Archaeological excavations at Exeter Cathedral

26th July 2023

Exciting new archaeological discoveries at Exeter Cathedral.

Archaeologists at Exeter Cathedral have made some exciting new discoveries from their latest investigations in the Quire area of the 900-year-old building.

Experts at the site say they are now certain they have uncovered the foundations of the cathedral’s original high altar, which would have featured in the original build of Exeter Cathedral in the early 12th century.

Beyond the Norman high altar, a sunken area has been revealed, which archaeologists now believe indicates a crypt beneath the building. Thought to have been filled in around 1300AD, this new discovery changes our understanding of the original Norman building, which was thought to have been built without a crypt.

Archaeological excavations at Exeter Cathedral

Important stone-lined tombs have also been revealed in the excavation. One has been identified as that of the 13th-century Bishop of Exeter, William Brewer. Another tomb is believed to be that of 12th-century Bishop, William Warelwast, a nephew of William the Conqueror.

As well as the traces of the site’s Norman origins, archaeologists have also uncovered fragments of medieval tiles, tiles from the Victorian pavements that were designed by 19th-century architect Sir George Gilbert Scott and newspaper clippings.

The discoveries come as the archaeological investigation period draws to a close. Next week, specialist contractors will continue work in the area, to complete essential building conservation, reduce the Cathedral’s carbon footprint with a more efficient underfloor heating system, and lay a new ‘Jubilee Floor’ tile design based on Sir Gilbert Scott’s original Victorian designs using locally-sourced Devon stone.

The Quire project is funded by Exeter Cathedral’s 2020s Development Appeal which will see essential building conservation and improvements taking place to secure a more sustainable future for the cathedral.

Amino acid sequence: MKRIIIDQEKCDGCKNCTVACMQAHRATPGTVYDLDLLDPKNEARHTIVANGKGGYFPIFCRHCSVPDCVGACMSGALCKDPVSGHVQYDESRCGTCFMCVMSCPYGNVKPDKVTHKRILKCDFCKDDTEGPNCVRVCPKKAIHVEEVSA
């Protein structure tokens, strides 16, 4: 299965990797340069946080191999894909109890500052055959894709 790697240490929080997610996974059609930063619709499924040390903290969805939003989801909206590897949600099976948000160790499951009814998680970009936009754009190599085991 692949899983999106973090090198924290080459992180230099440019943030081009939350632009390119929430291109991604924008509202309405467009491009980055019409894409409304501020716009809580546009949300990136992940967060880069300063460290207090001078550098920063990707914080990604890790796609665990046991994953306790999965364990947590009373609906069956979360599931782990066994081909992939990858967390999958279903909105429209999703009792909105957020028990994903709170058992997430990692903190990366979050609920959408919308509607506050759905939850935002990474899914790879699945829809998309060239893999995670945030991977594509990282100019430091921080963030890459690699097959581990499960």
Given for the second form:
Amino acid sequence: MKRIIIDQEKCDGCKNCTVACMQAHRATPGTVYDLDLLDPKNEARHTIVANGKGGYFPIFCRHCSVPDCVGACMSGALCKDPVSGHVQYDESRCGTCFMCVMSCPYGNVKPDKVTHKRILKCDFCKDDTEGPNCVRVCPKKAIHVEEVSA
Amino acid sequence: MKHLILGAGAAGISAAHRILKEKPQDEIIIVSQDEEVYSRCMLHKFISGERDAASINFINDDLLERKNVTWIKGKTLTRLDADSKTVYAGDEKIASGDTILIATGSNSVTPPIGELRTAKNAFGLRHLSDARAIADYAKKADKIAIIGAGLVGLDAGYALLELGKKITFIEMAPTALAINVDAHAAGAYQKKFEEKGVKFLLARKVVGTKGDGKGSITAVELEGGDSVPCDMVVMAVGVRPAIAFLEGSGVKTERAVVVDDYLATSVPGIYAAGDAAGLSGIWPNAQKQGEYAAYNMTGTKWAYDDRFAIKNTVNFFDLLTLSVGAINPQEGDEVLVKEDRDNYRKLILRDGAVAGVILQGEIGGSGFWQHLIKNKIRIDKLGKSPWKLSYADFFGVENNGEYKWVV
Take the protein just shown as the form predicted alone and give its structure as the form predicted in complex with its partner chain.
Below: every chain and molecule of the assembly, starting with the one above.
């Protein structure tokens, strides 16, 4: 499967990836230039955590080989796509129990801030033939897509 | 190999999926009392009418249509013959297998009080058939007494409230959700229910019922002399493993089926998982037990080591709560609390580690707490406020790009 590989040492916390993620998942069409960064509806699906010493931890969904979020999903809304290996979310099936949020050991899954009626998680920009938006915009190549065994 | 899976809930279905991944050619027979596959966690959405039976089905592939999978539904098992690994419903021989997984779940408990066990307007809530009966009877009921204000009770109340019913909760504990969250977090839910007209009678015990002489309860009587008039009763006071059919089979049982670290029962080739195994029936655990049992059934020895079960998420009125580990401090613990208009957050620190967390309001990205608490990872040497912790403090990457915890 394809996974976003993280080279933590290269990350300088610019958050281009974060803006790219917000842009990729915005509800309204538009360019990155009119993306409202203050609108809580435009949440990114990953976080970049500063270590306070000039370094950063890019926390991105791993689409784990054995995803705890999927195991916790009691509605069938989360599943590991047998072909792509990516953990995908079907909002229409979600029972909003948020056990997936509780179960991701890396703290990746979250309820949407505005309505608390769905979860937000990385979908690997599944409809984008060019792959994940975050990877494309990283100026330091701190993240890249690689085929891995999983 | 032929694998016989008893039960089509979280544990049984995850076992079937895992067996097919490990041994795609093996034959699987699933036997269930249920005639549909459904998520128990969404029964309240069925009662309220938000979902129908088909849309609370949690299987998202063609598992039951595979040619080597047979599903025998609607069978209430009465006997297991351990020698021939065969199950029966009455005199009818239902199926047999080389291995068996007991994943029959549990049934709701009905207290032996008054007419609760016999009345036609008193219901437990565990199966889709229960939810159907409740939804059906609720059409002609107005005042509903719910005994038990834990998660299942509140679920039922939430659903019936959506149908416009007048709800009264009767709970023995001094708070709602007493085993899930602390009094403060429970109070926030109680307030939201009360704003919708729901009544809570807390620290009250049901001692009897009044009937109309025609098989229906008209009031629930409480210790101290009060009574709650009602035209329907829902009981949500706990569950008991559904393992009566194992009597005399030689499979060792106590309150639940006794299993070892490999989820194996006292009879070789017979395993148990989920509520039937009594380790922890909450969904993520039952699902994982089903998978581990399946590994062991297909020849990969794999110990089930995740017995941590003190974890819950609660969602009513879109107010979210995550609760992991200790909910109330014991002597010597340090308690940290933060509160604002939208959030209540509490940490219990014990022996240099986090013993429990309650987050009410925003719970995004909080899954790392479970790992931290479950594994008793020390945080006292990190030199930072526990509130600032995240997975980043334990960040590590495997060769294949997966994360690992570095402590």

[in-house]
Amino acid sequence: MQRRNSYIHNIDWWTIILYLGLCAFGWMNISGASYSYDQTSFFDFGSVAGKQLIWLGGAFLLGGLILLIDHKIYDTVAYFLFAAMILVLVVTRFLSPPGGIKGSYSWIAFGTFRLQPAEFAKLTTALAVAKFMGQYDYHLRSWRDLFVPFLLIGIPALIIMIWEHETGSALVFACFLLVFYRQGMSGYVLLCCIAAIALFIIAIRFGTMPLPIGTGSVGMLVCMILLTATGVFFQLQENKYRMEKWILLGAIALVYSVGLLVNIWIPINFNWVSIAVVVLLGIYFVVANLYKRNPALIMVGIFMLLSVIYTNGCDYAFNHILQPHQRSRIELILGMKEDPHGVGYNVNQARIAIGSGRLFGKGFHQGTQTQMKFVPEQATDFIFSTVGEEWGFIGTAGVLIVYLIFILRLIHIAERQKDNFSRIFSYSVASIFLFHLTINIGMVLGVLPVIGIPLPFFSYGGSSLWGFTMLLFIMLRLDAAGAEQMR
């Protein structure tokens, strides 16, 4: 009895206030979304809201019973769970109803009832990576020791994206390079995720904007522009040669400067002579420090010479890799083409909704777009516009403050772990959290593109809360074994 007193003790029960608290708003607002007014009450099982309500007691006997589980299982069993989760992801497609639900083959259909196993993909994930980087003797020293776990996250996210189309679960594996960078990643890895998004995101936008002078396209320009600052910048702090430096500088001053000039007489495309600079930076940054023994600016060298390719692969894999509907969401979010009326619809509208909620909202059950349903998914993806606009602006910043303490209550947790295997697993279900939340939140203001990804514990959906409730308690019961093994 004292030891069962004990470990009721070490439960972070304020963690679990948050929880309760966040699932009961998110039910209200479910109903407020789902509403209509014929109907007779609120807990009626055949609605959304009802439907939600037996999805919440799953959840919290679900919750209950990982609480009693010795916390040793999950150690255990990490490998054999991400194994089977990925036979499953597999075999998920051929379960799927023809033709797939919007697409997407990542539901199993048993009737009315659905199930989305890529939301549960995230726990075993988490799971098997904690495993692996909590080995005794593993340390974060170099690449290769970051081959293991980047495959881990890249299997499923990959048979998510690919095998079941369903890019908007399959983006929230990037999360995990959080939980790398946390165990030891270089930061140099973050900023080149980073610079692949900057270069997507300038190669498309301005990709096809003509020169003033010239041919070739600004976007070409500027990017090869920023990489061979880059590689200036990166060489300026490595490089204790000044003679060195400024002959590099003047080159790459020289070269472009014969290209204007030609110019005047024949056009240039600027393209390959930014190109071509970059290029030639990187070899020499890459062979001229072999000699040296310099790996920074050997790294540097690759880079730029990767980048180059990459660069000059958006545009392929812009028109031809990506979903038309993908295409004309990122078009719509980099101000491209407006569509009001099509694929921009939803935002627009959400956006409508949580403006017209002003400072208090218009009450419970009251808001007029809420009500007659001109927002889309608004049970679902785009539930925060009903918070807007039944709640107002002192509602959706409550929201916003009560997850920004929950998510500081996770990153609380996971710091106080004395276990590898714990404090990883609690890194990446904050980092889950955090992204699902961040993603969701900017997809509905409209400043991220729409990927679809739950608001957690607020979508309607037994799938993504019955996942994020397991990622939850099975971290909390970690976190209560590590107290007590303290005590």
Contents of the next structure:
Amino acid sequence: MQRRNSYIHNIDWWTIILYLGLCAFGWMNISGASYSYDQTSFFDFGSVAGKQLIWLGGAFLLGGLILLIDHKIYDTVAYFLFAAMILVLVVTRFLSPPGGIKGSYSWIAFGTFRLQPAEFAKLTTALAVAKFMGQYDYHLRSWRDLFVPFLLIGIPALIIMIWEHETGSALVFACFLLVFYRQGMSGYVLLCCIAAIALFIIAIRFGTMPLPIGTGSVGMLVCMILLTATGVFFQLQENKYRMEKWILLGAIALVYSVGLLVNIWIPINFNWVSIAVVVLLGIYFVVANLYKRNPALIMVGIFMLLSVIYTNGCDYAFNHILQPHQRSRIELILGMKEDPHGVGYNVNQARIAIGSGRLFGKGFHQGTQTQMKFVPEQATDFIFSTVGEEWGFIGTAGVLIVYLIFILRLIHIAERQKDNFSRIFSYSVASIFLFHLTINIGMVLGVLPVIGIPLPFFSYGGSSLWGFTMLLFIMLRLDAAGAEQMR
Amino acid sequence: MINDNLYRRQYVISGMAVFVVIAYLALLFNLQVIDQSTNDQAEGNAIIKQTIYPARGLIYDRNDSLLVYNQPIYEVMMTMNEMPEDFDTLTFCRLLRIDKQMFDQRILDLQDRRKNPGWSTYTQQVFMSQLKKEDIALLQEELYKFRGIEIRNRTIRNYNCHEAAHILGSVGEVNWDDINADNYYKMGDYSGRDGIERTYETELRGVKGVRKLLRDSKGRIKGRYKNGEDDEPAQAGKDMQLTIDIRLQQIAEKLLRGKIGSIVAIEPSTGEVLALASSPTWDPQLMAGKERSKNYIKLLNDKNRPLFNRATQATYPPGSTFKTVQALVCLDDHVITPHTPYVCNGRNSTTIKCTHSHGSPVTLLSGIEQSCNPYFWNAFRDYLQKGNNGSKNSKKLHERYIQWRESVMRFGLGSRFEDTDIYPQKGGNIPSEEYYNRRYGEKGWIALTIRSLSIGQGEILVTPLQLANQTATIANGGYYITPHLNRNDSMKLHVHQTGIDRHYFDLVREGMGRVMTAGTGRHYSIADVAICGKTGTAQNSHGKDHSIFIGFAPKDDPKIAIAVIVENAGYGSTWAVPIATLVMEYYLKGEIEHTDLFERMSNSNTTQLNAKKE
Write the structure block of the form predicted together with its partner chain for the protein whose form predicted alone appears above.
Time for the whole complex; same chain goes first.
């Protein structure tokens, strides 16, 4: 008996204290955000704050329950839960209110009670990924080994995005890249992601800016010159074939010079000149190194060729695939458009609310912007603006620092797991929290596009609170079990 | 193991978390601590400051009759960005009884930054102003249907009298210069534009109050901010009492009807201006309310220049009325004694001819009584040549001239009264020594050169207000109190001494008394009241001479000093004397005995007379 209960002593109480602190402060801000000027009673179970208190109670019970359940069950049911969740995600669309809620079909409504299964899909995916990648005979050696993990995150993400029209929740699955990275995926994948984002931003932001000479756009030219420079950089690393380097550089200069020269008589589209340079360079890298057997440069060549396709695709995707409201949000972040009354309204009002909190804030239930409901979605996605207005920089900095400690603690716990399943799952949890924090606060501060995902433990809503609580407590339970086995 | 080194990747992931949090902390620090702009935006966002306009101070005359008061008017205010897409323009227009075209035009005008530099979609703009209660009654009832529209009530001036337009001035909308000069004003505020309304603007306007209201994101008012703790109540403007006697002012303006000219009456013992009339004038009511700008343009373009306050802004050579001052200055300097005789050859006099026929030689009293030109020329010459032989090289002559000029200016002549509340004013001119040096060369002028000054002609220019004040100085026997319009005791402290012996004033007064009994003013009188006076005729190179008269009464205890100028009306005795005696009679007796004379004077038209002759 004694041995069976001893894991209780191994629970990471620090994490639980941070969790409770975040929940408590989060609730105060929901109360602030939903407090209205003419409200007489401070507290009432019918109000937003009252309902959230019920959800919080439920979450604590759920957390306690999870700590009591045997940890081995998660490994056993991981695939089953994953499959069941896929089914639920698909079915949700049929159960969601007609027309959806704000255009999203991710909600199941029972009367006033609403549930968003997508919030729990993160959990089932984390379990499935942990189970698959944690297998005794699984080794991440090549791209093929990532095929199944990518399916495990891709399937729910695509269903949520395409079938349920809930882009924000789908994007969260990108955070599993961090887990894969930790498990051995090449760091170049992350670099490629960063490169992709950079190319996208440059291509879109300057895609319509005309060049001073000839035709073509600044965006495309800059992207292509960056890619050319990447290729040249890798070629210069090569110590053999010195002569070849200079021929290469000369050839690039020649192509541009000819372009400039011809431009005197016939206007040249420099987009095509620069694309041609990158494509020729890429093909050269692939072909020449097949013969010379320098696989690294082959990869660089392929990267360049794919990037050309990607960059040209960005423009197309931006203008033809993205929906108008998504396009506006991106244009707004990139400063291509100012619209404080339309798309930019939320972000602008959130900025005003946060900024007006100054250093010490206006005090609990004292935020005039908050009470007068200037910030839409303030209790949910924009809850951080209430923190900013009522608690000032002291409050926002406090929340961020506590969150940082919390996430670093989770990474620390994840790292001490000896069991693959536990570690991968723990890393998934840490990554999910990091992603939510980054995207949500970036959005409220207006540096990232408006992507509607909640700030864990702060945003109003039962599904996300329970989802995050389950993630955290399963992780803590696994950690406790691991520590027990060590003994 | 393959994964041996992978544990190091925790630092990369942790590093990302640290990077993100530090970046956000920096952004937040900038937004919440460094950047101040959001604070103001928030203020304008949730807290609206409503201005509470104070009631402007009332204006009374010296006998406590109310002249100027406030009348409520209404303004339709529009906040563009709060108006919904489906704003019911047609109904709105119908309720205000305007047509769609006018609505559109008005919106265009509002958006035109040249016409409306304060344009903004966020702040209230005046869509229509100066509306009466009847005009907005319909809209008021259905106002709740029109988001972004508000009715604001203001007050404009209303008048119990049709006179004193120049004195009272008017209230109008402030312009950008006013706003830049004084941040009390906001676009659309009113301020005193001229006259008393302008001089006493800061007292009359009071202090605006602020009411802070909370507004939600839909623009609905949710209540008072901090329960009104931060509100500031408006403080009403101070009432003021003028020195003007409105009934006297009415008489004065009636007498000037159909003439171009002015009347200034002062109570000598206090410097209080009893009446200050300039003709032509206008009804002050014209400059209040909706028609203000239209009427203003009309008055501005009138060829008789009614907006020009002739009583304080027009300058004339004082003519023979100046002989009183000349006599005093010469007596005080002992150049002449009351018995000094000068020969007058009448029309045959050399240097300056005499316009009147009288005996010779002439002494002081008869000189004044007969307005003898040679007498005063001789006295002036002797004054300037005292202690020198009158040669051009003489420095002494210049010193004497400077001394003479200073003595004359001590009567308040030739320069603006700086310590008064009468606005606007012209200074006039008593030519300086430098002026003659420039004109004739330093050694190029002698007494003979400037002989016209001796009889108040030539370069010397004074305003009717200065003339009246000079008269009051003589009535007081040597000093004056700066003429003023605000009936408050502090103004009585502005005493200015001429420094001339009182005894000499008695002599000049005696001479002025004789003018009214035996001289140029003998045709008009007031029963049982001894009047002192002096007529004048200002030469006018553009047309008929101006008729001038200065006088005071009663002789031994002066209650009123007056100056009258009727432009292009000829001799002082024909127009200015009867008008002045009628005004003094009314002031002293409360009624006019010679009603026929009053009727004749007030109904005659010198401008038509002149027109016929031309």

Read about Exeter Cathedral’s Roman past.

This will include installing a more efficient underfloor heating system and help reduce the cathedral’s carbon footprint. Once the new heating system is in place, a new Jubilee Pavement floor tile design will be installed based on Scott’s Victorian designs.

The Development Project is supported by the Valencia Communities Fund. It aims to raise £10 million in the coming five years. With support from generous grant-giving Trusts and Foundations, donations and legacy gifts the Cathedral has been able to complete the first phase of Chapter House refurbishment works with a new glass lobby, underfloor heating and a new lighting scheme.

Archaeological excavations at Exeter Cathedral

The next phase will renovate and conserve the East End of the Cathedral  (2022-2025), build the Cloister Gallery, raise funds for the Exeter Cathedral Music Foundation Trust and undertake other works to the estate as needed.

A further appeal, estimated at some £8 million, will follow in the next five years to 2030 to complete the works to the Cathedral Nave and entrances at the West End, and to further improve its facilities, to deliver effective working, increased exhibition capacity and the long-term viability of our other key buildings.

The Dean of Exeter, the Very Revd Jonathan Greener, said:

“Exeter Cathedral is one of Europe’s great medieval cathedrals; the most significant building in Devon. But it needs urgent investment to safeguard our heritage and improve our welcome. The Cathedral, its stories and many treasures belong to the people of Devon, but we are currently failing to receive and engage them effectively.

“People are unable to use and understand the building because our facilities are failing and our interpretation is inadequate and outdated. This project will bring new and different people through our doors, address many problems in the East End and the adjoining Chapter House, interpret these parts of the building afresh, and improve the visitor experience. The new cloister gallery will improve access for all to disparate parts of the building, and enable our treasures to be displayed so new people can discover and enjoy their heritage.

“We love our visitors and volunteers, but we would like to broaden our demographic — we long to reach out to new people, especially those who think this cathedral is not for them, and let them experience its mystery, its well-being and its beauty,” he added.

To support Exeter’s Development Appeal click here.